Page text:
ObamaCare (still) lives
June 5, 2018

On Monday, a Maine Superior Court judge ordered Gov. Paul LePage (R) to move forward on a Medicaid expansion law approved by nearly 60 percent of voters in 2017, saying his administration's "complete failure to act" by the April 3 deadline "cannot be considered substantial compliance" with the new law. LePage, who had vetoed five bills to expand Medicaid in five years, argued that he would not enact the voter-approved law unless the legislature appropriated money for it without raising taxes. He also complained that the Medicaid expansion, allowed under the Affordable Care Act and mostly financed by the federal government, was a form of welfare.

Justice Michaela Murphy said the law was "clear and unambiguous" that LePage's administration had to send the federal government a plan to accept the Medicaid expansion by April 3, allowing lower-income residents to obtain coverage by July 2, and she gave him until June 11 to send the paperwork to Washington. A LePage spokeswoman said the governor's office is reviewing the ruling and did not say if he will appeal to the Maine Supreme Court. "Maine voters did not make a request at the ballot, they passed a law, and laws are not optional," said Robyn Merrill at Maine Equal Justice Partners, the lead plaintiff suing LePage. "Today's ruling is good news for more than 70,000 Mainers who the law says can sign up for health care on July 2."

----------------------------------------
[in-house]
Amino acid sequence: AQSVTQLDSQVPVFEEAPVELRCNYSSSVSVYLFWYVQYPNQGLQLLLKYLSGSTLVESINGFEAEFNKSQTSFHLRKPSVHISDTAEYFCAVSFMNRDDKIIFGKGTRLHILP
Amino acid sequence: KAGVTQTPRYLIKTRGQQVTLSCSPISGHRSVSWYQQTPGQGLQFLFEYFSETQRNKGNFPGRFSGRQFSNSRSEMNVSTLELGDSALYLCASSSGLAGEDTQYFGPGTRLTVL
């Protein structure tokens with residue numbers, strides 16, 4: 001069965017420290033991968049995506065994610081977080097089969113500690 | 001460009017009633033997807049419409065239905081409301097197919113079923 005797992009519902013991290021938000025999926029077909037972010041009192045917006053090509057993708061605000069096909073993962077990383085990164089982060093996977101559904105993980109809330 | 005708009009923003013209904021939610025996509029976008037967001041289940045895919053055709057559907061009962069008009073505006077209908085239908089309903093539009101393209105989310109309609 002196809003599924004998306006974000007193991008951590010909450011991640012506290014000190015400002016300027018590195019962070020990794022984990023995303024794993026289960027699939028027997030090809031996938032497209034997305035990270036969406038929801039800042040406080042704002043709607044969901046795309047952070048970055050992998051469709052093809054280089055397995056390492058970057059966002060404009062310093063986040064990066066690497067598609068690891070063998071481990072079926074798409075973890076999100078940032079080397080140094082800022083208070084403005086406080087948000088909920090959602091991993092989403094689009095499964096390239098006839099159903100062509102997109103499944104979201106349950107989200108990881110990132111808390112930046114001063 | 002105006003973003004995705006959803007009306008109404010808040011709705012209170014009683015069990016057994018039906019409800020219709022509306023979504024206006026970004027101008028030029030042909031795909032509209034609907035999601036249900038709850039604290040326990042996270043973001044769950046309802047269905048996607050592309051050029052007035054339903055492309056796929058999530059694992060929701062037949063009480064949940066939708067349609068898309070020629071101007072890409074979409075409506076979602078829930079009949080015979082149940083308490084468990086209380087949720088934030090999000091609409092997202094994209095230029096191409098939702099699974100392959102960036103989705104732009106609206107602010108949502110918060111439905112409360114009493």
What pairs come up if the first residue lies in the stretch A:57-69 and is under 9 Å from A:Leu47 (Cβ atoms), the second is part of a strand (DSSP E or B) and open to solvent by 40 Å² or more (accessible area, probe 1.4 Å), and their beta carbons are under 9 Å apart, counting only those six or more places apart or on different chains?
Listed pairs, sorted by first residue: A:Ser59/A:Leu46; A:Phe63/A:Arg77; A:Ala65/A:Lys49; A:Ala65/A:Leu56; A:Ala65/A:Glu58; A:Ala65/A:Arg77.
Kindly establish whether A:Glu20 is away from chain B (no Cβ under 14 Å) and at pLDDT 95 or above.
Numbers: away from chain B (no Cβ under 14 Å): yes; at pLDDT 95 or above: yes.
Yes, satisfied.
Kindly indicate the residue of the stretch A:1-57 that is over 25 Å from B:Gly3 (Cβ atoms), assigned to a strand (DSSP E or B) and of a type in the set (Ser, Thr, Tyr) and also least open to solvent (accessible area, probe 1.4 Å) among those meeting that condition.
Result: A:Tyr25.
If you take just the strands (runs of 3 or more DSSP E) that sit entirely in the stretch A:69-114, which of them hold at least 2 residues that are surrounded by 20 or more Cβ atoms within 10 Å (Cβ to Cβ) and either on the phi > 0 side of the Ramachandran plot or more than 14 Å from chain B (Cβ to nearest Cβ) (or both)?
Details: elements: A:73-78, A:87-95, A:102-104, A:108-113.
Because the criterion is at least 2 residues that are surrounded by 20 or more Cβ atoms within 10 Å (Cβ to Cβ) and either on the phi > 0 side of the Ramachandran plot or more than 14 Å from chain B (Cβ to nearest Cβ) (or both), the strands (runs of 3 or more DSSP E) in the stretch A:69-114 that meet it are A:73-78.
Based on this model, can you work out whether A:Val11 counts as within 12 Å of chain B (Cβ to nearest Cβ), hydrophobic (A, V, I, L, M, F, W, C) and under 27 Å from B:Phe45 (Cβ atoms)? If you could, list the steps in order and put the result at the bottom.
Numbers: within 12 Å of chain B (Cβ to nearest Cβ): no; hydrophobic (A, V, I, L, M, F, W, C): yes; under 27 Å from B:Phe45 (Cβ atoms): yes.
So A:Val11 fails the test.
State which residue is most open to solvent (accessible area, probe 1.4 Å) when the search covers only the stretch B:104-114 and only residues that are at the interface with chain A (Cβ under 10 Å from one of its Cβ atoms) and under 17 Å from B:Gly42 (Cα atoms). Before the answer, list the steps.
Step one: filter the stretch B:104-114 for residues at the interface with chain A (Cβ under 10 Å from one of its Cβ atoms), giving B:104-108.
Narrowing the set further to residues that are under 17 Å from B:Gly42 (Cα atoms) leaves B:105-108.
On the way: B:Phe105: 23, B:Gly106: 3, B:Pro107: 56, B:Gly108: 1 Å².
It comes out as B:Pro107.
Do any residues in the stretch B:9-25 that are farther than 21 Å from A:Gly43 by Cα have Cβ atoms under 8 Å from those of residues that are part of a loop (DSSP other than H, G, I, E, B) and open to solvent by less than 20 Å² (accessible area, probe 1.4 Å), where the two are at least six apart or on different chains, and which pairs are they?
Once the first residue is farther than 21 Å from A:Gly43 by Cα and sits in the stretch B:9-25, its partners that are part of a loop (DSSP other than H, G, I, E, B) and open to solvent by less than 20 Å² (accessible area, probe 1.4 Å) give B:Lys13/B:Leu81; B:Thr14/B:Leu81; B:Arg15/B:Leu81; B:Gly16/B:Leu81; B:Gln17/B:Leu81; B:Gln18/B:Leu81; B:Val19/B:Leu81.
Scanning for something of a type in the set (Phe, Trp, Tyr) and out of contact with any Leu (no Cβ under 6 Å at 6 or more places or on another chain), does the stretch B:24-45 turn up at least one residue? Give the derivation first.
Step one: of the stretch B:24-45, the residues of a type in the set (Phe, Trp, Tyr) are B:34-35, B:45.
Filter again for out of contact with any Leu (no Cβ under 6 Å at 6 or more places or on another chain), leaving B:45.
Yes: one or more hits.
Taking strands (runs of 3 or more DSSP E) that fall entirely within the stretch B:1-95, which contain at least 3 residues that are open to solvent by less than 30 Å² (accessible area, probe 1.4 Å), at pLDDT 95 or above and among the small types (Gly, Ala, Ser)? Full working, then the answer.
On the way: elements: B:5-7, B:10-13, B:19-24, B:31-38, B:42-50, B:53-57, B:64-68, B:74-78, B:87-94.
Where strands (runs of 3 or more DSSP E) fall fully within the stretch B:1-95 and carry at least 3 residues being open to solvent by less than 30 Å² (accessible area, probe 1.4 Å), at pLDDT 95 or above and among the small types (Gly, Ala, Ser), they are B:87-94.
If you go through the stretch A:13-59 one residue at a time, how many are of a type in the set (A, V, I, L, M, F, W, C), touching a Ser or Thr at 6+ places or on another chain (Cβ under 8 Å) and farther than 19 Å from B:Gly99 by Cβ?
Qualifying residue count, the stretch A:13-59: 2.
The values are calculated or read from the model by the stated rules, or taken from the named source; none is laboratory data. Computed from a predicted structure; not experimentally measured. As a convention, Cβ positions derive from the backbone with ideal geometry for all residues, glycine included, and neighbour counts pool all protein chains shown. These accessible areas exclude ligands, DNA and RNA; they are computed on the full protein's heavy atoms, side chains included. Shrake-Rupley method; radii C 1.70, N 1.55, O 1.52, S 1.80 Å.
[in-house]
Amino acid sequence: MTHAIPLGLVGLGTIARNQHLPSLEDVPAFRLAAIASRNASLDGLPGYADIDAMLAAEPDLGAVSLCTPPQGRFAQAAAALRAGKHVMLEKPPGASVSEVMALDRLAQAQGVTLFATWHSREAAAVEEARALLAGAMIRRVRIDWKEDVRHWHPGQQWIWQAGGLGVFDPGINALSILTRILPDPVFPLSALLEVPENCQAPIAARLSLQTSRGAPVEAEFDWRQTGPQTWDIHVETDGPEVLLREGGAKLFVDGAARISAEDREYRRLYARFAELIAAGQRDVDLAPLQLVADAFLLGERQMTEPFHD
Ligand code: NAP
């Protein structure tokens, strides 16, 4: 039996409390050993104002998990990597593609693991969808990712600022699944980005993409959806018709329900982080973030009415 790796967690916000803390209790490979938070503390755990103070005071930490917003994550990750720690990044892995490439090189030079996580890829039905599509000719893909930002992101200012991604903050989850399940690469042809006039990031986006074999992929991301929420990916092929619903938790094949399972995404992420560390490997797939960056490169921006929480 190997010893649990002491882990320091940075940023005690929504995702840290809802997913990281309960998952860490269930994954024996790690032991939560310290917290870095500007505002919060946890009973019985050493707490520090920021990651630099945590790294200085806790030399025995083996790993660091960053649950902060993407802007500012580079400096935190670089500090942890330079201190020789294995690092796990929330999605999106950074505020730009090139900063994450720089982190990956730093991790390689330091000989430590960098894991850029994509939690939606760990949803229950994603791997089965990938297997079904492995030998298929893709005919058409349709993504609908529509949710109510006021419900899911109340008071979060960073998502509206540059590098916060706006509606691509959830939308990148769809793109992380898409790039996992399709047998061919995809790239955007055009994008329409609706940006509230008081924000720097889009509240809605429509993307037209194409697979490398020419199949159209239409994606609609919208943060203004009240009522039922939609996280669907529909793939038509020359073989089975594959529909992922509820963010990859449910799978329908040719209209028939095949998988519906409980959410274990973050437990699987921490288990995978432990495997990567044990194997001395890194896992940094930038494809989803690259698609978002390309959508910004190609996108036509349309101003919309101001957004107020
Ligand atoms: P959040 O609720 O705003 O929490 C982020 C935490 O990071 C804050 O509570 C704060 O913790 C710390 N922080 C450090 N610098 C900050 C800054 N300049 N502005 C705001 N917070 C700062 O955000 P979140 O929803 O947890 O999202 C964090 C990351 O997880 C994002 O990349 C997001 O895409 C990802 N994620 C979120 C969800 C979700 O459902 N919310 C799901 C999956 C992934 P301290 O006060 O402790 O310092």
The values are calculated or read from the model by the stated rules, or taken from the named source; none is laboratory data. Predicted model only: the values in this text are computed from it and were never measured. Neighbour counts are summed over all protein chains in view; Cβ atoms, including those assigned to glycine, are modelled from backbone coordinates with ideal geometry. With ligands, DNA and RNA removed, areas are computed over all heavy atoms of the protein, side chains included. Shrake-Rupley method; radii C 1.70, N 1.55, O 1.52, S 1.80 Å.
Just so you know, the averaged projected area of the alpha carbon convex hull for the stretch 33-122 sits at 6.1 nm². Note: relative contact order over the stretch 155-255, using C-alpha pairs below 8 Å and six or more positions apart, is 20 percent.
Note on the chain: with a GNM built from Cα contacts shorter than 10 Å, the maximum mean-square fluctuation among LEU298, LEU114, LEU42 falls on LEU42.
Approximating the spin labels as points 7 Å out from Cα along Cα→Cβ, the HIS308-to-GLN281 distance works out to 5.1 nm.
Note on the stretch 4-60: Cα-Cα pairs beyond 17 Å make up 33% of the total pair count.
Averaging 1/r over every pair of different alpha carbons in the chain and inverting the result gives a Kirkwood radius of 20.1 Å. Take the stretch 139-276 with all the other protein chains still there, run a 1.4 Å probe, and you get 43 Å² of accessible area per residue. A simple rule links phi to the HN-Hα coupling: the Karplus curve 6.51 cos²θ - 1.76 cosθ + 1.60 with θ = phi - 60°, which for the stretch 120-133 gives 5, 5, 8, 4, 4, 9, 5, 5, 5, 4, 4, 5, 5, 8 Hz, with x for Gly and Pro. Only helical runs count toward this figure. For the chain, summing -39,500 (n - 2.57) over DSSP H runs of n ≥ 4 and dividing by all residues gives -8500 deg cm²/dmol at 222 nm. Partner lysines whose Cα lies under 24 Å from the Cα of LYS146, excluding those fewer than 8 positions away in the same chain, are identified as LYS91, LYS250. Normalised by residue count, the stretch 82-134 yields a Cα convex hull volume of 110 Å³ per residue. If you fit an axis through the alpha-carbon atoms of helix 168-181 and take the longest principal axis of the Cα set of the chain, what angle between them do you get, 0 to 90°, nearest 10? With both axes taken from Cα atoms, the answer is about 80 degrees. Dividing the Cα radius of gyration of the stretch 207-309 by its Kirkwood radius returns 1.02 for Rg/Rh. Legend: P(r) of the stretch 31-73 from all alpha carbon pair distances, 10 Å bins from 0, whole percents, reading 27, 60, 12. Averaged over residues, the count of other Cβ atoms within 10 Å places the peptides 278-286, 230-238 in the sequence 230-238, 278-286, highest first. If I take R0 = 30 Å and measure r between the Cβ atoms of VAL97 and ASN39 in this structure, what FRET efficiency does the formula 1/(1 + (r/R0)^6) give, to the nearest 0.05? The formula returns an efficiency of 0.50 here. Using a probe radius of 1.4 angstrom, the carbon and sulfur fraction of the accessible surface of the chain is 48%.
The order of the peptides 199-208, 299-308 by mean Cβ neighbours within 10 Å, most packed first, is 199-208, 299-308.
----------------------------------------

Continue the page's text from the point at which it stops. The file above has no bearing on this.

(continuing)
Last week, Virginia lawmakers approved Medicaid expansion for 400,000 residents, and Utah voters will consider expanding the program in November, as might voters in Idaho and Nebraska. The Affordable Care Act's Medicaid expansion extends coverage to citizens with income up to 138 percent of the poverty level; the federal government picks up the entire tab for the new enrollees for three years, then at least 90 percent after that. Seventeen states have declined to take the federal government up on the offer. Maine was the first state to expand Medicaid by referendum. Peter Weber

March 9, 2018

On Thursday, the Centers for Medicare and Medicaid Services (CMS) shot down Idaho's bid to allow lower-cost, lower-coverage health insurance plans that don't comply with the Affordable Care Act. ObamaCare "remains the law, and we have a duty to enforce and uphold the law," CMS Administrator Seema Verma said in a letter to Idaho Gov. C.L. "Butch" Otter (R) and the head of the state's insurance department. Verma, who pushed for repealing ObamaCare, did not seem enthusiastic about denying Idaho's bid, and she said that "with certain modifications," its proposal might pass muster.

In January, Otter signed an executive order paving the way for cheaper health plans that allow higher premiums for people with pre-existing conditions, cap the amount of coverage allowed, and exclude the suite of "essential health benefits" required under the ACA. Blue Cross of Idaho had proposed five such plans to be launched in April, but Veema said if Idaho fails to "substantially enforce" ObamaCare, the federal government will step in as "primary enforcer." Idaho said "dozens" of other red states had expressed interest in its plan to flout ObamaCare, though none has followed through.

ObamaCare supporters were pleased but not overly impressed by the CMS move. "The Trump administration is talking out of both sides of their mouth," said Sen. Ron Wyden (D-Ore.). "While they claim to be upholding the law, they are explicitly inviting Idaho and other states to sell short-term, junk insurance — the exact opposite of the protections put in place by the Affordable Care Act." Peter Weber

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